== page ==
D.C. Bar Disciplinary Panel Makes Nonbinding Preliminary Determination of Culpability for a ‘Thought Crime’ in Disbarment Trial of Trump’s Former DOJ Official Jeffrey Clark

The disciplinary trial of Donald Trump’s former DOJ official Jeffrey Clark wrapped up on Thursday with the D.C. Bar’s disciplinary panel making a nonbinding preliminary determination that Clark was culpable on at least one of the two counts against him.

For drafting a letter that was never sent to Georgia officials advising them of their options in dealing with the 2020 election illegalities, he was charged with engaging in conduct involving dishonesty, fraud, deceit, or misrepresentation, and engaging in conduct that seriously interferes with the administration of justice, Rules 8.4(c) and (d) of the Rules of Professional Conduct.

Clark is also a defendant in Fulton County District Attorney Fani Willis’s RICO prosecution.

The final day consisted of closing statements and arguments for enhancing or mitigating the penalty.

D.C. Bar attorney Hamilton Fox gave a closing statement first. He said it came down to acting Attorney General Jeffrey Rosen and his deputy Richard Donoghue refusing to sign Clark’s draft letter. He said Trump wanted the DOJ leadership to “say the election was corrupt,” and Rosen and Donoghue wouldn’t, unlike Clark, since they were “men of integrity.”

Fox said Clark made false statements in his draft letter. One allegedly said there was an alternate state of electors. A second said there were concerns about the Trump v. Raffensperger case since the DOJ had “nothing to do with that case.” A third said, “We have identified significant concerns that may have impacted the outcome of the election in multiple states, including the state of Georgia.” Fox said Clark had no knowledge of this.

Fox criticized Clark for referencing the Ligon Report in his draft letter as evidence of the election illegalities. He said it wasn’t a report, merely a “summary of testimony given,” and that Clark never came up with any “significant concerns” about the election. The Ligon Report was a Georgia Senate subcommittee that reviewed all the election wrongdoing in Georgia and concluded that the election should not have been certified.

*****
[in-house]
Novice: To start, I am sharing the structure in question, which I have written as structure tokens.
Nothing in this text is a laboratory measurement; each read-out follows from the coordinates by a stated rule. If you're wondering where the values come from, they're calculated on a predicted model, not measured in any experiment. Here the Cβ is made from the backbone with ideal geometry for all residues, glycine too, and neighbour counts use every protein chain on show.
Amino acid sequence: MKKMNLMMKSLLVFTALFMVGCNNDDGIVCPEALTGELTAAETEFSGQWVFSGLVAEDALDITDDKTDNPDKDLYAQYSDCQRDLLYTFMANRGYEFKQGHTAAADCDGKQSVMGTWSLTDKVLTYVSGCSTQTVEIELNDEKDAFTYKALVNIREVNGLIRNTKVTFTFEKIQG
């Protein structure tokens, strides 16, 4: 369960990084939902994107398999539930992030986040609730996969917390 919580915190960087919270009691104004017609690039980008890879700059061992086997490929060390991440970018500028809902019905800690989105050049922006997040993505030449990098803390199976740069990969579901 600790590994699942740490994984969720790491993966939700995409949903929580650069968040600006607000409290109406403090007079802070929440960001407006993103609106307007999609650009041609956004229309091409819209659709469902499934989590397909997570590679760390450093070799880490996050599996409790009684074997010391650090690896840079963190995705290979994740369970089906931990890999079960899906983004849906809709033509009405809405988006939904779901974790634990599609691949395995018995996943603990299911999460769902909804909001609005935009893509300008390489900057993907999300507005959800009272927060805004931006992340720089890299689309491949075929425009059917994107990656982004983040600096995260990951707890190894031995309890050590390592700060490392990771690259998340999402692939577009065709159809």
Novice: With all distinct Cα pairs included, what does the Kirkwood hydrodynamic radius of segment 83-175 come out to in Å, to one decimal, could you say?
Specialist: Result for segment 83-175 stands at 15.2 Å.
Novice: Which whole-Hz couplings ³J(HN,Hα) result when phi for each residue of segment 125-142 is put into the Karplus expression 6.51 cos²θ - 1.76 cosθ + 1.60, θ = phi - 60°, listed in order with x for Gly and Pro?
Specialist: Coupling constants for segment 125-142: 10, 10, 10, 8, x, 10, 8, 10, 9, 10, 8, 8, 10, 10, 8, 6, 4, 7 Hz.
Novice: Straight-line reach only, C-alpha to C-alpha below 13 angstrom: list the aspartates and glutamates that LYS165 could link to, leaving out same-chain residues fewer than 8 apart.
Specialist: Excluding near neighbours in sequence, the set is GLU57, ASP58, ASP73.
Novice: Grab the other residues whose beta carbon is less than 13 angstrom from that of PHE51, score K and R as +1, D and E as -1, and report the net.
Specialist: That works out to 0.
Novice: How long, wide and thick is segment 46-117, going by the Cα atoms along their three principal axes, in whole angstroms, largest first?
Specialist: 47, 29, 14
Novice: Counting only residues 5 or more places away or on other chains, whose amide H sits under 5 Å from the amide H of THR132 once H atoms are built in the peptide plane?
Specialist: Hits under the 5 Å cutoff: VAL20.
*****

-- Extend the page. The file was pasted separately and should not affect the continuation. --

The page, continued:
Fox said there was no indication that Clark saw any evidence of election wrongdoing, such as that discovered by election integrity investigator and retired IT professional Garland Favorito, when Clark wrote the draft letter on December 28, 2020. Fox claimed that “this was well beyond recklessness.”

At times, the disciplinary panel chair, Merril Hirsh, asked Fox, “Did you believe the evidence showed by clear and convincing evidence that Clark did not believe the contents of his letter?” He said yes, and Hirsh responded that Clark’s witnesses testified otherwise.

Hirsh asked Fox that if Rosen and Donoghoe had signed the letter, wouldn’t that have been the position of the DOJ? Fox said the letter would still be false since the DOJ had not identified significant concerns in Georgia. Hirsh responded, “But who is it who determines whether a concern is significant?”

Hirsh asked Fox, “So you’re saying Clark’s draft letter, if it had been sent, would have resulted in extra litigation, and that constitutes conduct that is prejudicial to the administration of justice?” Fox said yes.

At one point, Hirsh hinted that the panel might not find Clark culpable of violating ER 8.4(c) and asked Fox if he could still prove a violation of ER 8.4(d).

Regarding the election irregularities, Hirsh asked Fox, “Is it tainting the judicial process to have those types of things examined?” Fox responded that Rudy Giuliani’s law license was indefinitely suspended for challenging the 2020 election.

Hirsh asked Fox, “The essence is he argued too vigorously?” Fox said it was more about Clark “continuing to advocate his position.”

Hirsh asked him, “What if we find that Clark genuinely believed this, he believed he was trying to protect democracy, isn’t there an argument that makes it more important for him to advocate for this?” Fox referenced Giuliani’s suspension again, and said “sincerity of belief doesn’t justify acting without a factual basis.”

Next, Hirsh pointed out that Clark never thought his discussions and the draft letter would go public, and the final decision wouldn’t be his anyway. Fox responded, “Think how close this came to being a reality,” and praised Rosen for going to Trump to stop the letter.

Fox said there was no alternate slate of electors in Georgia. However, one of the disciplinary panelists pointed out one on December 14, 2020. Fox corrected himself and said that when Clark wrote his draft letter on December 28, 2020, there was no longer an alternate slate.

Clark’s attorney, Harry MacDougald, gave his closing statement, beginning by pointing out that he could find “no disciplinary case ever” where an attorney was disciplined for a “confidential internal draft of a letter that was not sent” and “never left the office.”

He said the charges are “allegedly dishonest conduct by attempting to send a letter with false statements.” He said the D.C. Bar claimed the positions in the letter “weren’t the positions of the DOJ at the time,” they accused Clark of stating that the DOJ was aware of election fraud in Georgia. However, MacDougald pointed out that Clark never said “election fraud” in his letter; he said “significant concerns.” Furthermore, some people at the DOJ could have had significant concerns. He said the DOJ didn’t take a position on irregularities because it didn’t investigate them.